Botanic Park, Fri 6 Mar.
Having lost count of the number of WOMADelaide’s I have attended since they started way back in 1992, there is always something warmly familiar about walking through the gates into this wondrous celebration of music, dance, food, culture and people. In a world where there are some those attempting to weaponise the differences between us, WOMADelaide serves to show us we are all the same despite differences in our beliefs, religions, culture, skin tones, sexualities. We are all people and we all need to celebrate our similarities and common ground. This festival, more than any other, offers an almost Utopian atmosphere where people aren’t squabbling about things, kids are running around, people of all ages are eating exotic food, dancing to new sounds and there is a LOT of smiling.
It’s a beautiful 24 degrees and perfect WOMADelaide weather as people pour into the site for the wonderful Welcome To Country before the legendary Blind Boys Of Alabama get to some fantastic gospel blues. Their mash-up of House Of The Rising Sun and Amazing Grace was easily an early highlight for the weekend. Kate Miller-Heidke has a massive crowd for her six o’clock set full of ‘popera’ songs new and old like Can’t Shake It, Last Day On Earth and You’ve Underestimated Me Dude. A long and captivating version of Humiliation showcases the remarkable guitar skills of Miller-Heidke’s husband Keir Nuttall. Including the song Sarah – a harrowing true story about her friend going missing at a music festival – might have been slightly misjudged at a music festival, but when she finished with last year’s Australian Eurovision entry Zero Gravity everybody went bananas.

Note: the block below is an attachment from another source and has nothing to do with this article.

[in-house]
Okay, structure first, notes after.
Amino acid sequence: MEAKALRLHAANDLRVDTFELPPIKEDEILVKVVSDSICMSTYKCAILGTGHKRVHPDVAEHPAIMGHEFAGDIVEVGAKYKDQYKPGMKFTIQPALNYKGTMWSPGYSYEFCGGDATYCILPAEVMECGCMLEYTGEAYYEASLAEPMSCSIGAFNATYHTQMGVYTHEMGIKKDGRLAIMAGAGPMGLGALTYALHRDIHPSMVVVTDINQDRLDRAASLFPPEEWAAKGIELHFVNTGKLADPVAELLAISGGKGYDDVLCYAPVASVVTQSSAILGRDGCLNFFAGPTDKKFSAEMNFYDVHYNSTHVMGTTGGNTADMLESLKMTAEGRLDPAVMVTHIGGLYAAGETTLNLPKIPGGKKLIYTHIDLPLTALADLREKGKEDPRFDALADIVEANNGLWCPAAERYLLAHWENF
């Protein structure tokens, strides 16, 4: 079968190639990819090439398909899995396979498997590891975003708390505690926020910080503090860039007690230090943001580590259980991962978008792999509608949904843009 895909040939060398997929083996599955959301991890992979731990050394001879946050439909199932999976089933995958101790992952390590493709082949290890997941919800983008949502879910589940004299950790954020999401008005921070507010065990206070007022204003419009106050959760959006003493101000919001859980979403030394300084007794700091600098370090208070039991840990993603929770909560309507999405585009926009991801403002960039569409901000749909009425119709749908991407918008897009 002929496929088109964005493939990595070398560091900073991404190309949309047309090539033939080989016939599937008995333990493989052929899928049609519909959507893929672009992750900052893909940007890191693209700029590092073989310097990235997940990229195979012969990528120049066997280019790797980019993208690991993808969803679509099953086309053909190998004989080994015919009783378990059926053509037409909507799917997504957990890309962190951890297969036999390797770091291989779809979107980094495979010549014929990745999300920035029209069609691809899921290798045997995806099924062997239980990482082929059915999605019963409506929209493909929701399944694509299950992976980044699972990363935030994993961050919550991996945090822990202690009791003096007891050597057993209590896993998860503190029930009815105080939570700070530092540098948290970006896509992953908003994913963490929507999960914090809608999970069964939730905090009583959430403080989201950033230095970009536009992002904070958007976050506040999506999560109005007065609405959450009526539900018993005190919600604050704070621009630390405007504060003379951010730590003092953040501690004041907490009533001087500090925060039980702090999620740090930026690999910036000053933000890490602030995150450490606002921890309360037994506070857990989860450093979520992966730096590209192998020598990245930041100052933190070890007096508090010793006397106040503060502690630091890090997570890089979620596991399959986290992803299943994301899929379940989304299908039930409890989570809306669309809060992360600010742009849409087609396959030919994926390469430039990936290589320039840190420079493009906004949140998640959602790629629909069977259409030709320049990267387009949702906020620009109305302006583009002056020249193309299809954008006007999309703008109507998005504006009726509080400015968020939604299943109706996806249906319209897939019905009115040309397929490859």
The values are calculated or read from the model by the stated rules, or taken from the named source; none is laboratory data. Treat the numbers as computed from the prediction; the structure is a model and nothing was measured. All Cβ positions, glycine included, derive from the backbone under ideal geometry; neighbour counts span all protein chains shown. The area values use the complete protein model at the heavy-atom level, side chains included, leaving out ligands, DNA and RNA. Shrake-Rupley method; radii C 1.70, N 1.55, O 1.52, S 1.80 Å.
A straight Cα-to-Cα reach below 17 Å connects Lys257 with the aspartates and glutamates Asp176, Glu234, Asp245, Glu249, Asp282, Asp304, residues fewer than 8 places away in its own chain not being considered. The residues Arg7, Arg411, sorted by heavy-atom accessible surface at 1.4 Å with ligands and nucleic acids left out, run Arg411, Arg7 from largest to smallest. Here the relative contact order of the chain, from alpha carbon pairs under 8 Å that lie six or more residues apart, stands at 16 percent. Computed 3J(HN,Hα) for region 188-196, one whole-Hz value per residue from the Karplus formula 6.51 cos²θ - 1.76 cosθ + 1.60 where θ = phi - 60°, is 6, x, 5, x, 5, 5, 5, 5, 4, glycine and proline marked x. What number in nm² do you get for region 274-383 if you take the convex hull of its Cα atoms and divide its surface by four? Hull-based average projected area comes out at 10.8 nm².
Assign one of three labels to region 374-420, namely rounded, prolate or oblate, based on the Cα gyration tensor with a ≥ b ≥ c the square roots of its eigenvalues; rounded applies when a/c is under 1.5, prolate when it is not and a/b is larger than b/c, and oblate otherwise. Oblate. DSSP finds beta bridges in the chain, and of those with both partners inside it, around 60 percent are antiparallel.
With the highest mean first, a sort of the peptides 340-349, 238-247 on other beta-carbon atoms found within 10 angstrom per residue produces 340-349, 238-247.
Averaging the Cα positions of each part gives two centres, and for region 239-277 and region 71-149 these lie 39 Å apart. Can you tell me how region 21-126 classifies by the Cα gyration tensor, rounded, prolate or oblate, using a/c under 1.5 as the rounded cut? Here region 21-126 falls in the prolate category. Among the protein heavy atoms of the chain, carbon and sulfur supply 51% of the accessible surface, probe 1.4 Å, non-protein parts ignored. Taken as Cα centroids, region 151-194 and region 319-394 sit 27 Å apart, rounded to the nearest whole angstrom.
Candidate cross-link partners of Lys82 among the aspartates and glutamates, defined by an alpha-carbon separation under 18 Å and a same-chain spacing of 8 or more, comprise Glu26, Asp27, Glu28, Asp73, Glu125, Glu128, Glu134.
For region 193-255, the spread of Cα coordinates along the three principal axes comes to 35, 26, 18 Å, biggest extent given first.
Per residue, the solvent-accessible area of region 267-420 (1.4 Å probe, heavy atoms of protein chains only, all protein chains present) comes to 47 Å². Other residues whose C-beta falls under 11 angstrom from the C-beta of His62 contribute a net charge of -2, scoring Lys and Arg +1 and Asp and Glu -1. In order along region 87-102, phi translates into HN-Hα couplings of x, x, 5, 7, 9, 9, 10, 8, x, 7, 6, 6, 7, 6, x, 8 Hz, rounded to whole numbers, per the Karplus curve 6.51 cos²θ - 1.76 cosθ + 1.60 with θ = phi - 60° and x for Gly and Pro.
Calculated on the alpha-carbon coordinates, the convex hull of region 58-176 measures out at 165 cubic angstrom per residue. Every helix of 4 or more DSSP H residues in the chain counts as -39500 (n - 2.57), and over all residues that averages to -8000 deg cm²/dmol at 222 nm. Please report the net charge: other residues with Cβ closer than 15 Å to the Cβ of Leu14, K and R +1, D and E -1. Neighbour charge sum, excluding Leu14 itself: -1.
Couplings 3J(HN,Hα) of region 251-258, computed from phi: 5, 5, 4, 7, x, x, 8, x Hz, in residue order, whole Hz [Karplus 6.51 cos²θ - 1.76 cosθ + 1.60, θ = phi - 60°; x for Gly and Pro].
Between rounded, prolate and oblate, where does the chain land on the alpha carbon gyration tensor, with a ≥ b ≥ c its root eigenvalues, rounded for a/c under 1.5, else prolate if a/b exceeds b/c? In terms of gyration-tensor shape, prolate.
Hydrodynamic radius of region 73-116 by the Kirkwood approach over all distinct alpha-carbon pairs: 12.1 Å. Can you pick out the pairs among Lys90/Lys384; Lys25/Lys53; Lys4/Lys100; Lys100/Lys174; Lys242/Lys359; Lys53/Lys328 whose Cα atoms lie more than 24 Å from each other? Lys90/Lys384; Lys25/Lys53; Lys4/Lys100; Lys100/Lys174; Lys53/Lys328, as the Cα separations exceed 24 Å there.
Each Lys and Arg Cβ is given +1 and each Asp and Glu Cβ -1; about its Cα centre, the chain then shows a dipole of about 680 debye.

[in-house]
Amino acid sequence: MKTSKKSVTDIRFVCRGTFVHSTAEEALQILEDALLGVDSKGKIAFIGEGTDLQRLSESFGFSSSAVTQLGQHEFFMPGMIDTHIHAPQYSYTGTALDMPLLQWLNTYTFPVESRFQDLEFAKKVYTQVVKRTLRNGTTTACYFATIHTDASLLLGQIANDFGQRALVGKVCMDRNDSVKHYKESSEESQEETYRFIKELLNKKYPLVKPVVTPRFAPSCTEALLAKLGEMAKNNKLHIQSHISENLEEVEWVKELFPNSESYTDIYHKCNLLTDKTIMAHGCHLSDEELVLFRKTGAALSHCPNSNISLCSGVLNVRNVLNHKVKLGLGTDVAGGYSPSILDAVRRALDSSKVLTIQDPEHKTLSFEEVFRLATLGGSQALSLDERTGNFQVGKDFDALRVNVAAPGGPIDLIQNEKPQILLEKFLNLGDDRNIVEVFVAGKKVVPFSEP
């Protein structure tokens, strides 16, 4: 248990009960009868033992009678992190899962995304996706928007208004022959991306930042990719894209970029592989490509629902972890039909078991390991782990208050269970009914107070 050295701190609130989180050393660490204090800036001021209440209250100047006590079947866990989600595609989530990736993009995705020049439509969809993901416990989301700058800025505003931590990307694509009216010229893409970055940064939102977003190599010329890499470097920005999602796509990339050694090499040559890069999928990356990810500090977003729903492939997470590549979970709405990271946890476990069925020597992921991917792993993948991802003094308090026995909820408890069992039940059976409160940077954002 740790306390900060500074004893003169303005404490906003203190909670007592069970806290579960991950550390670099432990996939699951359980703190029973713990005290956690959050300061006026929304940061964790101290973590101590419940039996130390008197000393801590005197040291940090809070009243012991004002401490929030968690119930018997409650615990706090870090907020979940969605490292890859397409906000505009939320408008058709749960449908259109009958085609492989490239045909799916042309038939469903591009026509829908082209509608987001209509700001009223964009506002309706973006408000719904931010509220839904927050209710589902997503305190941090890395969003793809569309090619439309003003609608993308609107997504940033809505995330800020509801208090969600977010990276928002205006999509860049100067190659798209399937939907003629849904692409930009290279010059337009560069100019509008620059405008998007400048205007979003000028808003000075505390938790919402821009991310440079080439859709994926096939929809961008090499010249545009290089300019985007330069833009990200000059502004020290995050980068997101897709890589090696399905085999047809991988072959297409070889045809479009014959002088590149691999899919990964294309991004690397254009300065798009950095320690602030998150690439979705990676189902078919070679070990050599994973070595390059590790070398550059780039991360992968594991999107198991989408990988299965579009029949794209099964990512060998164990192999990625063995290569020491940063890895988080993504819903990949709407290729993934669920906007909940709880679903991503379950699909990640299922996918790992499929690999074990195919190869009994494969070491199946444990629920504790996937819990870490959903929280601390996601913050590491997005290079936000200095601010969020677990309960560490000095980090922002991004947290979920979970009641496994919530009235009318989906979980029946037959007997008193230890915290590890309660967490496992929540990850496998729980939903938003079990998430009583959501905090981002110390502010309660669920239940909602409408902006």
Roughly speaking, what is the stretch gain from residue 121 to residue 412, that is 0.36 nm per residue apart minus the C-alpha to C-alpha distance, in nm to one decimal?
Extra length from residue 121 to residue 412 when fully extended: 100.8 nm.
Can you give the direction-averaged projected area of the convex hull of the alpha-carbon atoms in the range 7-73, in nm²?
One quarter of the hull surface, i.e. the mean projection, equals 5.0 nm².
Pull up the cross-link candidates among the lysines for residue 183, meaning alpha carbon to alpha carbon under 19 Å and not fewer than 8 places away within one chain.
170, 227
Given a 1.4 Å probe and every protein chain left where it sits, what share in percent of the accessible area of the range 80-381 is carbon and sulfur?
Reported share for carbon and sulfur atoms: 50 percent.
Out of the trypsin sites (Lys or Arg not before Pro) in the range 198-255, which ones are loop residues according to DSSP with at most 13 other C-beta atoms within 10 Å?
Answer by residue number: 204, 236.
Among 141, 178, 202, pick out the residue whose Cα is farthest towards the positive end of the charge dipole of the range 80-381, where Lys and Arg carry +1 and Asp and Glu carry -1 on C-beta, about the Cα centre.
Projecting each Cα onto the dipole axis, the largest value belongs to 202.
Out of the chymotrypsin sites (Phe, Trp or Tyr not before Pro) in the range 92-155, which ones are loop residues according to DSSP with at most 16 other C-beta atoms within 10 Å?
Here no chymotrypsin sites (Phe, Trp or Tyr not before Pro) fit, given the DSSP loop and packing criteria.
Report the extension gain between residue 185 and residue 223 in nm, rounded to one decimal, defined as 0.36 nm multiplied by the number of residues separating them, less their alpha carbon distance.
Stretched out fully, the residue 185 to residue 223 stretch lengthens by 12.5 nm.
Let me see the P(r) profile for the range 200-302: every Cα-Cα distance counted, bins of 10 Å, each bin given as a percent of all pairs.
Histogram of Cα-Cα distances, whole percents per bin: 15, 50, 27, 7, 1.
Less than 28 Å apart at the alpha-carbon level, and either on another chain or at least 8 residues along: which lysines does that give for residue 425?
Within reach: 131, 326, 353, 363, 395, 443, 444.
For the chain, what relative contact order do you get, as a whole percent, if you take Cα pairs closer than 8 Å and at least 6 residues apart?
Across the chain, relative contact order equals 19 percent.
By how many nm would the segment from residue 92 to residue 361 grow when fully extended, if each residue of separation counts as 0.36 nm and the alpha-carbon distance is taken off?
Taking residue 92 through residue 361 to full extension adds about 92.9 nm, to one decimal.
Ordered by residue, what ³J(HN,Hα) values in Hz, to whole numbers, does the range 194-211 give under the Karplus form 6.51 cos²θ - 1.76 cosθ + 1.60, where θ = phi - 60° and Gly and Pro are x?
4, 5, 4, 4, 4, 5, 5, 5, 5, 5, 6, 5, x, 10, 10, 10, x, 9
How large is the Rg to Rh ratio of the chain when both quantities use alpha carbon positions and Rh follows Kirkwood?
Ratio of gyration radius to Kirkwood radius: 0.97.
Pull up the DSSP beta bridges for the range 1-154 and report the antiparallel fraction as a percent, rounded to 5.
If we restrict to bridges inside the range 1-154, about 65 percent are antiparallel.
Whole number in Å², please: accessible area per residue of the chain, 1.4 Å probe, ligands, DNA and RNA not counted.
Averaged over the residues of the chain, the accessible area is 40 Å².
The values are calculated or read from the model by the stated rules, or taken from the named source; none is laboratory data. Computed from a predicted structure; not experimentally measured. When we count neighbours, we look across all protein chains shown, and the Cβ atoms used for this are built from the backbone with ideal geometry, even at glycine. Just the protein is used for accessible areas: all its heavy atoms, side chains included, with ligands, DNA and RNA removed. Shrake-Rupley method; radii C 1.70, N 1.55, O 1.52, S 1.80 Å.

Cuban big band Orquseta Akokan set hearts racing with mambo magic with front man and striking front man Jose Pepito Gomez in his white suit mesmerising everybody. Taiwanese dance company B-Dance combined ballet and martial arts in a breathtaking ethereal display with their piece Floating Flowers.
The size of the crowd for Australia’s own Cat Empire is massive. It’s the bands fifth appearance at WOMADelaide (in its sixteen year history) and they are clearly festival favourites. Opening with Kila from the most recent album Stolen Diamonds the main field in front of the Foundation Stage is a sea of arms, legs and movement; a swirling mix of funk, South American rhythms, dub reggae, ska and pop. It got a little too jazz fusion me at one point so I went off for food and returned in time for a bombastic encore including the exuberant Hello Hello and The Chariot.
Heading over to the Frome Road stages I ran into jungle legend General Levy giving it some ragga and drum ‘n’ bass chucking in some Aussie Aussie Aussie into the mix. Nice to hear some jungle so close to the zoo; I hope the tigers appreciated it. Adelaide’s own DJ legend Late Nite Tuff Guy, as ever, was seamlessly killing it with a set of disco era deep cuts that had dancers beating the chilly evening by keeping their pulses racing.
What wonders will the rest of the weekend hold?
WOMADelaide continues at Botanic Park from 11am until Mon 9 Mar.
Book at womadelaide.com.au. Click HERE to purchase your tickets.
Images courtesy of Ian Bell